Thailand's fledgling democracy was dealt another blow last week when the country's constitutional court ordered the ruling party disbanded (BBC) and ousted Prime Minister Somchai Wongsawat for election fraud. The court ruling came in the wake of anti-government protests that paralyzed the capital, Bangkok, and just two years after a coup ousted a different prime minister, raising troubling questions about the stability of a country once hailed as a democratic success story. Thailand serves as a reminder of the ongoing struggles of democracies in Southeast Asia, a region whose governments have usually been regarded as reliable U.S. allies.
In the case of Thailand, the country is enmeshed in a political crisis arising from what Thitinan Pongsudhirak of Chulalongkorn University in Bangkok calls "a deep-seated and irreconcilable conflict (PDF) between the older, more traditional Thailand and a new Thailand." Writing in the Journal of Democracy, he says the bureaucrats, the military, and the monarchy, who have called the shots in the country for decades, are now pitted against the growing demands and expectations of previously neglected segments of Thai society.
There are echoes of Thai concerns elsewhere in the region. A 2008 report from human rights monitoring group Freedom House notes a decline in freedoms in Malaysia and the Philippines, which continue to be riddled by political turmoil. Yet the Economist argues that what would advance democracy is "more capable, more principled and more unifying opposition figures than those the region has seen so far."
In addition to troubles with opposition forces, many Southeast Asian states are battling Muslim insurgencies. A 2007 report (PDF) by the nonpartisan U.S. Congressional Research Service, warned that "Islamist terrorist groups have been able to exploit the sense of alienation produced in part ... by the marginalization of minority Muslim groups in the southern Philippines and southern Thailand."
These setbacks have significant implications for U.S. policy in the region, say experts. Washington has long based its policy in Southeast Asia on maintaining the regional balance of power, which has become ever more important in the wake of China's rise and its growing influence in the region. The United States also has a strong military presence in the region and cooperation with countries like Indonesia, Philippines, and Thailand has been critical for Washington's efforts in its "global war on terror."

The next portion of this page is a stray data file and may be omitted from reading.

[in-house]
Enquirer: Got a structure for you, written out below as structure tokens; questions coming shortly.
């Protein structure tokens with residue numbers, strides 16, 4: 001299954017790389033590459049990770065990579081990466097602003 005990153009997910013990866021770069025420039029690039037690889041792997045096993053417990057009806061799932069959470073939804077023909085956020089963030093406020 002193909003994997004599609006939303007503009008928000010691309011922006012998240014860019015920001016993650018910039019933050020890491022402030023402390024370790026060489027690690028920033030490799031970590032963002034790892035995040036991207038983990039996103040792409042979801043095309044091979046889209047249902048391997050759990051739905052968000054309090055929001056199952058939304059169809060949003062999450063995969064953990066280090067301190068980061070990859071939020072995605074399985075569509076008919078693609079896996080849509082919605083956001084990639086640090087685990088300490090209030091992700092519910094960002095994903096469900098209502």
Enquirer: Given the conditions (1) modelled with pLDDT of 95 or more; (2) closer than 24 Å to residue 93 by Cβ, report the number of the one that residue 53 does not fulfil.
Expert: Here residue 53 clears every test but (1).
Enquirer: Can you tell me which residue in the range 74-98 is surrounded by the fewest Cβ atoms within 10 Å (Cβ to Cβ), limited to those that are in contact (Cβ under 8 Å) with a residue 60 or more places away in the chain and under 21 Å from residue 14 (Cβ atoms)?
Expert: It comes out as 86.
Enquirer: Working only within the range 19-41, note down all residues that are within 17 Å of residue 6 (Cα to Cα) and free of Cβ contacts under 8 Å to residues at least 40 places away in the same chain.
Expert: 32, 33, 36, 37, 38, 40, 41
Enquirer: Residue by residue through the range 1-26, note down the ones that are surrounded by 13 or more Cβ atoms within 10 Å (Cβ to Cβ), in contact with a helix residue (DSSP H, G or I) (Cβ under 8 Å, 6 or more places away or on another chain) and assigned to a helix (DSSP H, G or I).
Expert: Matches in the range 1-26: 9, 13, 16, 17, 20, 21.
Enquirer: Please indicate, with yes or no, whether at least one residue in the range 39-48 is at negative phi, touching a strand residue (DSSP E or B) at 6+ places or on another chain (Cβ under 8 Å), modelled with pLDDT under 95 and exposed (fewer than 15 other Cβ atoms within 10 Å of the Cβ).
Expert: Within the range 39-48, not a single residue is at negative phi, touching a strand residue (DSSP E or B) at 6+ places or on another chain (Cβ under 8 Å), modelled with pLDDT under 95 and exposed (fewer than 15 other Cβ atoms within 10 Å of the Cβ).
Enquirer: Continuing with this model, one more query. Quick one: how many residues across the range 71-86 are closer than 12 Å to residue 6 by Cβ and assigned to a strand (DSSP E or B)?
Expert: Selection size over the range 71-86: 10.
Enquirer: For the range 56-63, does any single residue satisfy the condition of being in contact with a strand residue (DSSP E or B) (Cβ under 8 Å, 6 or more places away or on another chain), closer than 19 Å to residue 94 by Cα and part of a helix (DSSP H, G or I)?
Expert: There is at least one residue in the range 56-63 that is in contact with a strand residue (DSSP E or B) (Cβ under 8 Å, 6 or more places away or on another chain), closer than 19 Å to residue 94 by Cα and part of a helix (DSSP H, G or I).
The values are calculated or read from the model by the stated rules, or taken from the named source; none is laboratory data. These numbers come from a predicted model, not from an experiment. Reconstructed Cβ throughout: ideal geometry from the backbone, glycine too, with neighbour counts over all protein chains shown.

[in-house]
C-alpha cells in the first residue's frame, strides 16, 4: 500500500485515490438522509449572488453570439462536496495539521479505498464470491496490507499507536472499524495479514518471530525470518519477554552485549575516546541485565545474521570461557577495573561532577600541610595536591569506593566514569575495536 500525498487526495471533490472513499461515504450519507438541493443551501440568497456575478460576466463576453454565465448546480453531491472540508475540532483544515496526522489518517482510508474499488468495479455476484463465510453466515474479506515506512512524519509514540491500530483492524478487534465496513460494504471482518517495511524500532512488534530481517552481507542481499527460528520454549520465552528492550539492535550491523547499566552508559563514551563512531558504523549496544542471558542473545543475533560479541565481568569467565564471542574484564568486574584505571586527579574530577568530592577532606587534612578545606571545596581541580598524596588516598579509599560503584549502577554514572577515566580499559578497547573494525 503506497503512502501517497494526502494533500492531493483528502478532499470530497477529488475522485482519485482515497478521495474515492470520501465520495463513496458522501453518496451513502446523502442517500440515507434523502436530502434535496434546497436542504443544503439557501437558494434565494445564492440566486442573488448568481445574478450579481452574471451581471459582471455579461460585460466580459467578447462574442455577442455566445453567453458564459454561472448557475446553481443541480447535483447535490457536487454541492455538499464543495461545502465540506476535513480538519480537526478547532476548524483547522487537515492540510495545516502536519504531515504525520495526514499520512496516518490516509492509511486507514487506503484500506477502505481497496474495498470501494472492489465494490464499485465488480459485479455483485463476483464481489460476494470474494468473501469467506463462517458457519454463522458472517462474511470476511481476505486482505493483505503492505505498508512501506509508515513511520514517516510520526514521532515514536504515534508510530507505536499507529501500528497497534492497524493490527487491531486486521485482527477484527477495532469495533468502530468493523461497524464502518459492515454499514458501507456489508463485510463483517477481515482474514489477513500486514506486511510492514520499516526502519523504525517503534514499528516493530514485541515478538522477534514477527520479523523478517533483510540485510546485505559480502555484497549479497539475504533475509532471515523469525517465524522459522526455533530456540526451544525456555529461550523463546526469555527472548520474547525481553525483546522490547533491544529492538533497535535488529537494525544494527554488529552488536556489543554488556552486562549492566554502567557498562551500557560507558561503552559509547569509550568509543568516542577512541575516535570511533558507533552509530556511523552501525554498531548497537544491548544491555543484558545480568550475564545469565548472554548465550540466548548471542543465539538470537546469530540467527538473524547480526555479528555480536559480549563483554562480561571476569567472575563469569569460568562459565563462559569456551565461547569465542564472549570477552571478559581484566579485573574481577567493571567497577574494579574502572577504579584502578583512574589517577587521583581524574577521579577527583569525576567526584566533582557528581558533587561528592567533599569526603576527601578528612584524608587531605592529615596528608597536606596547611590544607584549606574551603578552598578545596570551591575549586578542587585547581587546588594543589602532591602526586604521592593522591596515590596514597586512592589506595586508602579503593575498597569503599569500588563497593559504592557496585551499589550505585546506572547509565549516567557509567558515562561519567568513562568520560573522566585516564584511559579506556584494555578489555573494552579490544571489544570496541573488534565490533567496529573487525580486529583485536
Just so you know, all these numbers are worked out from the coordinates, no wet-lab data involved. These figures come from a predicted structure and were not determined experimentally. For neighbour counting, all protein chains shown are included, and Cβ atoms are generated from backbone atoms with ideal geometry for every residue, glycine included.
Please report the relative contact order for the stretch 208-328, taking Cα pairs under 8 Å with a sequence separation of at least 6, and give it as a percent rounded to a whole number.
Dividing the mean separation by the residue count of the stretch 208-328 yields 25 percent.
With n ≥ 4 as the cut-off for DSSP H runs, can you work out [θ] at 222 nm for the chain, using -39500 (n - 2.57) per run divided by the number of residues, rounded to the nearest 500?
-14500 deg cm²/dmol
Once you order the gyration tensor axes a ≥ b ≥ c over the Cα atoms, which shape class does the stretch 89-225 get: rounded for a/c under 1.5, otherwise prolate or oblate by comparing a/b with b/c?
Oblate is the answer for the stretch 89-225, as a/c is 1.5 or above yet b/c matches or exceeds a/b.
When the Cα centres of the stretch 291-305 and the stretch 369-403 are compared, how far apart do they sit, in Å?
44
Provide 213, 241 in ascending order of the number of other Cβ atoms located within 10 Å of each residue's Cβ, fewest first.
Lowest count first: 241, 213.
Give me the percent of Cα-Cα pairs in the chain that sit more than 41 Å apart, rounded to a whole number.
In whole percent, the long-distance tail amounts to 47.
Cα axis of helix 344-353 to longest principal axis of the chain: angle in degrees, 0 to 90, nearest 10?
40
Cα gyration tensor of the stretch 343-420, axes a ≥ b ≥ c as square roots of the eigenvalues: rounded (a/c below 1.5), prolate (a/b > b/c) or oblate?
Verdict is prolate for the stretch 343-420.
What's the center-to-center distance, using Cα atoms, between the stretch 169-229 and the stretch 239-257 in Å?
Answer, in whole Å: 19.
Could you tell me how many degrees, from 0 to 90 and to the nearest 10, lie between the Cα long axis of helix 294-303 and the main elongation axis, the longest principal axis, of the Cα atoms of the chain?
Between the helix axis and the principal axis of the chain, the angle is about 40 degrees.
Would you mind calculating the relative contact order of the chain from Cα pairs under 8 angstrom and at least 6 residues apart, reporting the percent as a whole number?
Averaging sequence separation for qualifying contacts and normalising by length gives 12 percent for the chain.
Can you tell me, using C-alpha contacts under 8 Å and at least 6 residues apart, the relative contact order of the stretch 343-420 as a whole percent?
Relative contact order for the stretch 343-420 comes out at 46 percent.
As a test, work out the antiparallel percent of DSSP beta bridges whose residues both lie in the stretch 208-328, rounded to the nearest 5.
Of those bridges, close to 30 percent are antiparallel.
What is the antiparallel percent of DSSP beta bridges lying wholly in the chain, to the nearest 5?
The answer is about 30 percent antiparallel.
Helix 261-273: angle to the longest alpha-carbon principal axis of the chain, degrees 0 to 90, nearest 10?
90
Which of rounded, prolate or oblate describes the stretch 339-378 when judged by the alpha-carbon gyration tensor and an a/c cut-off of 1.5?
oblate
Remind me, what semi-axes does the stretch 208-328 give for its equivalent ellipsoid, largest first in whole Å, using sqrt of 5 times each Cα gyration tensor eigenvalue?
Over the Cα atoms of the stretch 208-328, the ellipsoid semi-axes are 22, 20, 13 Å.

A new article in the Washington Quarterly, which touches on the region, says while democracy as an ideal is well embraced, many in the region do not see it as a viable political system (PDF), and it loses favor to government systems that emphasize economic development by a wide margin. Experts say support for democracy comes from citizens' perceptions of their own regime's performance, levels of corruption, and the trustworthiness of their political institutions. High levels of corruption, lack of accountability, and poor governance in many of these countries have made the populace skeptical.
Indonesia, however, may be showing signs of bucking the trend. The world's third- largest democracy and the most populous Muslim majority nation, the country grew over 6 percent last year, and its foreign direct investment nearly tripled in 2007. Bridget Welsh of John Hopkins' School of Advanced International Studies told CFR.org in a podcast that Indonesia has "deepened its democratization process," and is a leader in the region. A recent Newsweek article, comparing Indonesia to Asia's other large democracy, India, reports how it emerged from the trauma of the 2004 tsunami effectively decentralized with hundreds of newly empowered local administrations. That is combined with what are regarded as a free press and impartial courts, crucial to any vigorous democracy. Indonesia has also led a successful antiterrorism campaign in the region.
However, experts fear the current global economic recession may pose yet another challenge to these countries faced with democratization problems occurring from poor policy performance. Staggering growth at a time of political turmoil may push them toward fewer, rather than greater, freedoms. The Washington Quarterly article above notes: "The rapid and seemingly confident rise of China suggests that authoritarian regimes remain serious competitors for legitimacy."